How to Do Seated Oblique Twists With a Medicine Ball

Proper Form, Variations, and Common Mistakes

Verywell / Ben Goldstein

Also Known As: Russian twist

Targets: Abdominals, obliques

Equipment Needed: Medicine ball

Level: Intermediate

The seated oblique twist exercise, sometimes called the Russian twist, is a very effective exercise for strengthening the abdominal muscles. Using a medicine ball in the exercise adds a challenge to the workout.

You can do this exercise as part of a core strengthening workout along with exercises such as the plank, crunch, and bridge. It can be also part of a total body strengthening workout and is especially good if you are in a sport where you throw a ball or swing a club.


The oblique twist is a great exercise that works many muscles in your core. Not only does it exercise the rectus abdominis, but it also hits the external obliques and internal obliques. Using a weight, medicine ball or stability ball in the exercise adds tension to the core muscles, really giving them a workout.

Strengthening the core muscles is important to your health and fitness.

A stronger core protects your spine, promotes good posture, and helps with balance. If you sit at a desk for work, for example, your strengthened core will help you sit with better posture. This can help you avoid lower back pain and lessen overall exhaustion and muscle soreness.

Athletes in sports that require rotational power (as in golf) or throwing may see improvement in their game from this exercise.


How to Use A Medicine Ball In a Seated Oblique Twist

Step-by-Step Instructions

  1. Sit on the floor with your knees bent and feet flat on the floor (easier) or raised up off the floor (more difficult). If you have difficulty holding the position and your feet shift about, try tucking them beneath a stable object.
  2. Contract your abs and sit at about a 45-degree angle.
  3. Hold the medicine ball with both hands, directly in front of you.
  4. Contracting your abs, twist slowly from your torso to your right and touch the medicine ball to the floor beside you. Pause to hold the position a moment.
  5. Quickly, but smoothly, contract your abs and twist your torso back to the center position, and then proceed on to touch the medicine ball to the floor on the other side of you.
  6. Repeat for the desired number of reps.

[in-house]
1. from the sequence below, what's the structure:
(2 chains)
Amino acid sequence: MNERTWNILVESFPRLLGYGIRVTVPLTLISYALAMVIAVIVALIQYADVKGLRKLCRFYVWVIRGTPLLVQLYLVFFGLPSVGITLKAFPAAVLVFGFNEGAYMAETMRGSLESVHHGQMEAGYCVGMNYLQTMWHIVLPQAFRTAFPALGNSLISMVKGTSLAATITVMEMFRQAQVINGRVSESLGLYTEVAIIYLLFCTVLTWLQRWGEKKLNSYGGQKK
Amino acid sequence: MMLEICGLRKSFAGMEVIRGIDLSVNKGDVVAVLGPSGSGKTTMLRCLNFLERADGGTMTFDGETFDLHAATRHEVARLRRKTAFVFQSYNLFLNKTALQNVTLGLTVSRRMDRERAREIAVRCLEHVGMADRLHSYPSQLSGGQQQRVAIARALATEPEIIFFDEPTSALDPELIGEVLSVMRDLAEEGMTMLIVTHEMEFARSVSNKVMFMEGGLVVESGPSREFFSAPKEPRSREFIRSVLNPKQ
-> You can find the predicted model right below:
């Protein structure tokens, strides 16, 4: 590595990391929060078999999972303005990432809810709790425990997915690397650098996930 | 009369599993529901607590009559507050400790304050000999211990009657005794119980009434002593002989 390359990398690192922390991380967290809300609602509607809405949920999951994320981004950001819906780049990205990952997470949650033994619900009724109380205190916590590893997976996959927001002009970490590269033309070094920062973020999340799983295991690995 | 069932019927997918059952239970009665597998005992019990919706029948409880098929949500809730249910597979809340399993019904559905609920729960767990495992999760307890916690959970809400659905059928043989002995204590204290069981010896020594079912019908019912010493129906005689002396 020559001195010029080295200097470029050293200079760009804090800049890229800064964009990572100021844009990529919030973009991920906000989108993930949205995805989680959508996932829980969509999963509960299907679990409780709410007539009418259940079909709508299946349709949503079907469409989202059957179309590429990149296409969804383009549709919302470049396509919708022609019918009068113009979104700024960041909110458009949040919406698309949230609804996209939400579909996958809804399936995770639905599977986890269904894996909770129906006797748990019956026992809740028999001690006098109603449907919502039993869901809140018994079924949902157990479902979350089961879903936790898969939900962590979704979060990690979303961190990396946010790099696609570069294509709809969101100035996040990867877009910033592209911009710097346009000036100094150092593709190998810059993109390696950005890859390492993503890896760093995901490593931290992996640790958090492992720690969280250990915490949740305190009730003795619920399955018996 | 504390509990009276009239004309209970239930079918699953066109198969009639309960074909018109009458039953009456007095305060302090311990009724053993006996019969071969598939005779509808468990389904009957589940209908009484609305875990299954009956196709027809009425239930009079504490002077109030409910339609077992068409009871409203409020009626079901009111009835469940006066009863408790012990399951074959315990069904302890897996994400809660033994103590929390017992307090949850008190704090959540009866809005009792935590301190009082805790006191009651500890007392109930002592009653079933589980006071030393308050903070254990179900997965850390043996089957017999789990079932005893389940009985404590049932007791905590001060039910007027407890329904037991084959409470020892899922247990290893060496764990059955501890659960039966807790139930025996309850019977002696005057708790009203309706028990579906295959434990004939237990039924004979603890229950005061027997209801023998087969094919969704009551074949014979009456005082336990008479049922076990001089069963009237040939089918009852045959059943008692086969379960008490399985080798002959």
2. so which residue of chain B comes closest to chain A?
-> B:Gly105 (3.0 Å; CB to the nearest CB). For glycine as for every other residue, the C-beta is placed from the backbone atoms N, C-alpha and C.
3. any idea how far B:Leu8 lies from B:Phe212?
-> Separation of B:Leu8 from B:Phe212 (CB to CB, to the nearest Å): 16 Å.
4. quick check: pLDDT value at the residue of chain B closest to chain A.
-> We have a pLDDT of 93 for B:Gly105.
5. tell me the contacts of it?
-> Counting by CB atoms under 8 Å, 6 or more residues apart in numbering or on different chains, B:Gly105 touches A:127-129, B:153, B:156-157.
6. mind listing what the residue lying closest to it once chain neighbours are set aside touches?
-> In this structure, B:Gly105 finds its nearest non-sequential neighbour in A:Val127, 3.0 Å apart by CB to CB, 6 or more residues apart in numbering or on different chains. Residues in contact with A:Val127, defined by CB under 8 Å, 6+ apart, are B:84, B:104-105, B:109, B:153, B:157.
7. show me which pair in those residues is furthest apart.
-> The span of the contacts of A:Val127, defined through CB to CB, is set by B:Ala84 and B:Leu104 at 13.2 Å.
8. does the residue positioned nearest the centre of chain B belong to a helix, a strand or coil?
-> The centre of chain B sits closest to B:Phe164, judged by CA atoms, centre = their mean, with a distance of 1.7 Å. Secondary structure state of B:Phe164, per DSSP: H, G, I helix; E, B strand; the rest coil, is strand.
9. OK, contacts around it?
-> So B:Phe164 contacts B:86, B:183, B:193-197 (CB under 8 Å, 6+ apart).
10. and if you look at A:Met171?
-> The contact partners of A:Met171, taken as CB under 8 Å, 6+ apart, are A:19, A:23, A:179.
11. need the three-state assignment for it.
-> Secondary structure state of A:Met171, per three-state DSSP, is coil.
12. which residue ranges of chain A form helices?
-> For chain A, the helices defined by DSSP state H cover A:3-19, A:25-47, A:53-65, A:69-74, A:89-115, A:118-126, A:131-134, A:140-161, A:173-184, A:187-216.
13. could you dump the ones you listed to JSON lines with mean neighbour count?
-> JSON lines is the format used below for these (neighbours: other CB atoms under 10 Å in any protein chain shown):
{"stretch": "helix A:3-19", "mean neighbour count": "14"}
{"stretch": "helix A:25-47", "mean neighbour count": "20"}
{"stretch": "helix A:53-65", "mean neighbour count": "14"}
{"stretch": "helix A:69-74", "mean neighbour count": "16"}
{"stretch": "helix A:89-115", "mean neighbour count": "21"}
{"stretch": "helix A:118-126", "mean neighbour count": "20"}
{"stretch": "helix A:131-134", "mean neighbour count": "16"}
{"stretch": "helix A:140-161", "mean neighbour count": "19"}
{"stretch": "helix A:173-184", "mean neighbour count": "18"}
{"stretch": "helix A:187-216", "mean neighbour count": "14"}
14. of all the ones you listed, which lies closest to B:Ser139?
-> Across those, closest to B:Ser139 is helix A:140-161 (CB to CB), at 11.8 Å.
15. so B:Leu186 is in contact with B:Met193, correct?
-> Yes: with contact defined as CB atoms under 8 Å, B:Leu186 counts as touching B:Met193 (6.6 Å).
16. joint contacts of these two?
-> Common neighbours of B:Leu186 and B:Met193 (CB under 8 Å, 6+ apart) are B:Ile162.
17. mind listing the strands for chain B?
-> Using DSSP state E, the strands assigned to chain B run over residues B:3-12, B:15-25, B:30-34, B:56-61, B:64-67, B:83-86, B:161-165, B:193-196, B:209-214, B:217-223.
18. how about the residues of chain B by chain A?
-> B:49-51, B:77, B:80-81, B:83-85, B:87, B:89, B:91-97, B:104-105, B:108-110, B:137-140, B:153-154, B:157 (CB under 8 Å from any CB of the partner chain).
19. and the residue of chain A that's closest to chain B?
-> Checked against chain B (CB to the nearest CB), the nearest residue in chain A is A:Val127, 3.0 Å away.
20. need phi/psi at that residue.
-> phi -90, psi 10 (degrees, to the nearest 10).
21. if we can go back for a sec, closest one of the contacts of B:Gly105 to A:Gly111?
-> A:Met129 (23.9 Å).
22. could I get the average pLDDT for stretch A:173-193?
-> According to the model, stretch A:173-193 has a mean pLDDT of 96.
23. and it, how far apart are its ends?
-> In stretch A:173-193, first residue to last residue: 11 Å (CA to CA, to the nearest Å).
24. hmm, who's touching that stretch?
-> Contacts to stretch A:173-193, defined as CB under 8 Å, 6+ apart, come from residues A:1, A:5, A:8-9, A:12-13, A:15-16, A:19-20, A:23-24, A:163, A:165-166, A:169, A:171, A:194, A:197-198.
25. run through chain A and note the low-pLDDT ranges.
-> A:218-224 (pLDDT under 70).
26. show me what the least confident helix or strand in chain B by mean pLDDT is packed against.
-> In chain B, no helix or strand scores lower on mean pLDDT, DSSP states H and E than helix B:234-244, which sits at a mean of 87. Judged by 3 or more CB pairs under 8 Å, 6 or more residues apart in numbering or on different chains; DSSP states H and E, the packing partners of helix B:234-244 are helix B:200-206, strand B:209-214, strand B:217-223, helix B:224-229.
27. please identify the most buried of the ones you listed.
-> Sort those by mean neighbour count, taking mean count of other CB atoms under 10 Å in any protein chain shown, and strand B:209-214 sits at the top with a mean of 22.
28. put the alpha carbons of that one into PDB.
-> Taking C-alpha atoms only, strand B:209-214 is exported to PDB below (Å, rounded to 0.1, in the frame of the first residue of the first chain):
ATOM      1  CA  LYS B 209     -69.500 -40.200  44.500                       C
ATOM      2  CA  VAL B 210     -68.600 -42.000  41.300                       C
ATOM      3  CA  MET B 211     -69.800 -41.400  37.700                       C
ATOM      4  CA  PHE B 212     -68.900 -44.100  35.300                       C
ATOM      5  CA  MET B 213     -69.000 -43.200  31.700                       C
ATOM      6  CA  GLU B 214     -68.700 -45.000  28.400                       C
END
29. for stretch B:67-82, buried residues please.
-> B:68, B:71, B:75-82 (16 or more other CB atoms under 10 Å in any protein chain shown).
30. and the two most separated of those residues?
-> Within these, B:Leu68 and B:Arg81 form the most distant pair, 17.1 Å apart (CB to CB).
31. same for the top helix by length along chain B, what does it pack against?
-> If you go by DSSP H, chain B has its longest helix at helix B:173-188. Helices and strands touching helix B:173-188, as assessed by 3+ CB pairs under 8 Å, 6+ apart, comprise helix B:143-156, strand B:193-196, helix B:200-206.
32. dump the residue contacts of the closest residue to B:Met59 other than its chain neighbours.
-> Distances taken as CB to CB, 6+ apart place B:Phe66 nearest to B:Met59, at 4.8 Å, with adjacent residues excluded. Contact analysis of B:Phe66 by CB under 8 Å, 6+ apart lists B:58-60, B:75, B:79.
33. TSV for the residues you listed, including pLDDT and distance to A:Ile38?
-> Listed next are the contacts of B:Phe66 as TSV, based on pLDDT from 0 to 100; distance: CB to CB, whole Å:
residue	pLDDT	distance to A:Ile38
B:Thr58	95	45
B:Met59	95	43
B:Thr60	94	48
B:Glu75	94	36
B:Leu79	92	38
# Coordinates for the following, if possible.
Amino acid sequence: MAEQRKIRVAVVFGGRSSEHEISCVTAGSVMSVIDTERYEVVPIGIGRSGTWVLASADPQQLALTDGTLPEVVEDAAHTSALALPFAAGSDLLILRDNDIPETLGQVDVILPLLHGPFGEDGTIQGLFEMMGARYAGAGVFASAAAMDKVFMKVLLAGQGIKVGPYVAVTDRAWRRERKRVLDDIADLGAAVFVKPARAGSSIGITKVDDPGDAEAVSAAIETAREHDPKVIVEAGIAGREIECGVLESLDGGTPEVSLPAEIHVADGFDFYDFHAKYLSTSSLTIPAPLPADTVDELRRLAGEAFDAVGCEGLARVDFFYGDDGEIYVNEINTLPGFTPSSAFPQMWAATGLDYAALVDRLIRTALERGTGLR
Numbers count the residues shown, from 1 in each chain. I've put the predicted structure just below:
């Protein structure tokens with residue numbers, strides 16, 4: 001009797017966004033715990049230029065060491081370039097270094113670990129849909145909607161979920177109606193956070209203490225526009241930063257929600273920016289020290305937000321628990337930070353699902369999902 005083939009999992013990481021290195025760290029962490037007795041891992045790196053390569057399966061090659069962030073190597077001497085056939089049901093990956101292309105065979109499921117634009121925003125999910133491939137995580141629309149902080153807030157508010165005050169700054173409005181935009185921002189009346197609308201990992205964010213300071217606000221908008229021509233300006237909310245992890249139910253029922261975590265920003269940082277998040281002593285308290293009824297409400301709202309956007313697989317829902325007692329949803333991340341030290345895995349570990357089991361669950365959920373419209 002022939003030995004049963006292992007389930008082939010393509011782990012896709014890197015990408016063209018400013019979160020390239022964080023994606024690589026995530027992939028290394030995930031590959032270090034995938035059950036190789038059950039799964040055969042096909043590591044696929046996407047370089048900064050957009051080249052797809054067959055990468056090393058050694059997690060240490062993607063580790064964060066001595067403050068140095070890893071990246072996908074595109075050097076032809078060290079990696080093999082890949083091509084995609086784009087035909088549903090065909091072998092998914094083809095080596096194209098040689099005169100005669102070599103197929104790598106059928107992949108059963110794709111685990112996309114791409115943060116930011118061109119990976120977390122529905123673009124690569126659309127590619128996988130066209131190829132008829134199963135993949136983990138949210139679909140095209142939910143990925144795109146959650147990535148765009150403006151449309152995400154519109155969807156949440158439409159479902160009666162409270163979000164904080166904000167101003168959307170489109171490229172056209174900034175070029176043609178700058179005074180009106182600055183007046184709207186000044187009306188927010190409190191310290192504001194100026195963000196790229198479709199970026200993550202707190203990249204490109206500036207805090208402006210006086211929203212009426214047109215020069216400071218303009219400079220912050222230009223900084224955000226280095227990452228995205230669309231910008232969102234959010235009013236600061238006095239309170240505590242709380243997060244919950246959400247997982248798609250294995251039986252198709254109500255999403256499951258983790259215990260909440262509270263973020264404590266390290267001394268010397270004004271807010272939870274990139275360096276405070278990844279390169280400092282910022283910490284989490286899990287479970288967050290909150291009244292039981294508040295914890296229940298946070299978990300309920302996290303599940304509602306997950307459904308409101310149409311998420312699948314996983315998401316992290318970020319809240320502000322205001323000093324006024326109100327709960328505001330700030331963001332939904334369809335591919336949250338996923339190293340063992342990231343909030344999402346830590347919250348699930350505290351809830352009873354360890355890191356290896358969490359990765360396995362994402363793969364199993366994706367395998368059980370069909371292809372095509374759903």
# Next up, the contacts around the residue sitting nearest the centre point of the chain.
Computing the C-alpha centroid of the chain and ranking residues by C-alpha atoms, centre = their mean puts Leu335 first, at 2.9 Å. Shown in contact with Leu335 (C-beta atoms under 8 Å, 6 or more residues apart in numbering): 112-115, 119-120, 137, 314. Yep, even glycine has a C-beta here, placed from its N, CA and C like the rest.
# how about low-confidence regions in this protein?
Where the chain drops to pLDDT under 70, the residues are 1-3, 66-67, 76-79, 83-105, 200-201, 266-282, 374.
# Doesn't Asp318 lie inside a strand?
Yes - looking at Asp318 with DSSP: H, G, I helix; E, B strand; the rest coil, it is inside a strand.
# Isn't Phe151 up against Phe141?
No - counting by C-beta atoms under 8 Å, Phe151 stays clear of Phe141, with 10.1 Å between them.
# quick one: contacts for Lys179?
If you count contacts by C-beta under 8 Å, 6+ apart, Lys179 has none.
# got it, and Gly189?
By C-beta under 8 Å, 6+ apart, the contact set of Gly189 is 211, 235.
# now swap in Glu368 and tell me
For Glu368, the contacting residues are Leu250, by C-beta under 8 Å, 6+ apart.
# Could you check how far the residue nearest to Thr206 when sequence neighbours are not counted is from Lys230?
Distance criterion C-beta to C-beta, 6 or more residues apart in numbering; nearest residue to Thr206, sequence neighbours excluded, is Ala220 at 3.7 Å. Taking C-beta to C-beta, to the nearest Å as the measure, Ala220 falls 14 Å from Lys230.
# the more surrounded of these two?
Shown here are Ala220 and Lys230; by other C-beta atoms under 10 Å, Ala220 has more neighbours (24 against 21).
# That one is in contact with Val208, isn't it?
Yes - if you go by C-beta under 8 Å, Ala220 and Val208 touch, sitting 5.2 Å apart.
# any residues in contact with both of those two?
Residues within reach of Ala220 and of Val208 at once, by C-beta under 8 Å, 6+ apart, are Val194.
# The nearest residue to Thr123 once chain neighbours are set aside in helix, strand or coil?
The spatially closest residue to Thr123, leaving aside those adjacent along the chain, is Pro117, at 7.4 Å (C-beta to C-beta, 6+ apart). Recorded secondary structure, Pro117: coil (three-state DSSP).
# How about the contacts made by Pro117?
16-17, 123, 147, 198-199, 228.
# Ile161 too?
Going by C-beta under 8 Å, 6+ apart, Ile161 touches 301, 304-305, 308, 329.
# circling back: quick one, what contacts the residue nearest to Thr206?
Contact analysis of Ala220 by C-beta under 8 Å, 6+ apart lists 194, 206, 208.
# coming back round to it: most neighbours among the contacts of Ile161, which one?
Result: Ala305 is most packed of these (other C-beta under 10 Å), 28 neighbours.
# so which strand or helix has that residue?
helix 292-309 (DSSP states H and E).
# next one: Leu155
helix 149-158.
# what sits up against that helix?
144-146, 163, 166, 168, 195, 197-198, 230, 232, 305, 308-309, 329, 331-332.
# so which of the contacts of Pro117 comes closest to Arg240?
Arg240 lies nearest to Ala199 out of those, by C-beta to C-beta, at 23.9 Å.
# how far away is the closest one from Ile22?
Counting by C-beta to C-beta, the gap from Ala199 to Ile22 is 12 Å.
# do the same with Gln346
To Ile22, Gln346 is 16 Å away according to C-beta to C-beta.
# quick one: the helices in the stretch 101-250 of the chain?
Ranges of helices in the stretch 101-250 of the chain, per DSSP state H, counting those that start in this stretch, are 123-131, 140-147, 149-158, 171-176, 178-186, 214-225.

7. To end, bring the ball in front of your body and sit up. Carefully place the ball on the ground without undue twisting.

Common Mistakes

Below are common mistakes to avoid:

Sloppy Form

If your form is sloppy, you will be placing a lot of stress on your lumbar vertebrae. If you find you are getting a rounded back and a lot of twisting of your lower back, work on the move without using a weight until you get the form right.

Holding Your Breath

It can be tempting to hold your breath. Be sure to breathe in and out normally throughout the exercise.

Modifications and Variations

There are plenty of options you can use to make this exercise work for you.

Need a Modification?

If you can't find a medicine ball to use at your gym, you can use other weights in a variation. For example, hold a weight plate firmly by the edges between your hands with arms extended outward in front of you and perform the exercise. Twist until your arms are parallel to the floor on each side.

If beginning with a medicine ball is too challenging, perform the exercise with nothing your hands.

Hold your arms extended out in front of you and follow the same motion as described above.

Twist to each side until your arms are parallel to the floor (since there's no ball to touch to the floor). This will help you become familiar with the exercise and build up your strength to the point that you can add the medicine ball to the exercise.

You can move up a step in intensity by holding a small stability ball during the exercise. Hold it between your hands with arms extended out away from the body. Twist to each side until your arms are parallel to the floor.

Up for a Challenge?

Performing this exercise slower gives it more challenge. Just be sure that you are not stopping between repetitions.

The mason twist is a version done with the legs extended and off the floor, as in a V-sit.

Safety and Precautions

This exercise places a lot of stress on the lower back, so it should be avoided if you have a back injury. If you feel any pain in your back or shoulders, end the exercise.

Try It Out

Incorporate this move and similar ones into one of these popular workouts:

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  1. Huxel Bliven KC, Anderson BE. Core stability training for injury prevention. Sports Health. 2013;5(6):514–522. doi:10.1177/1941738113481200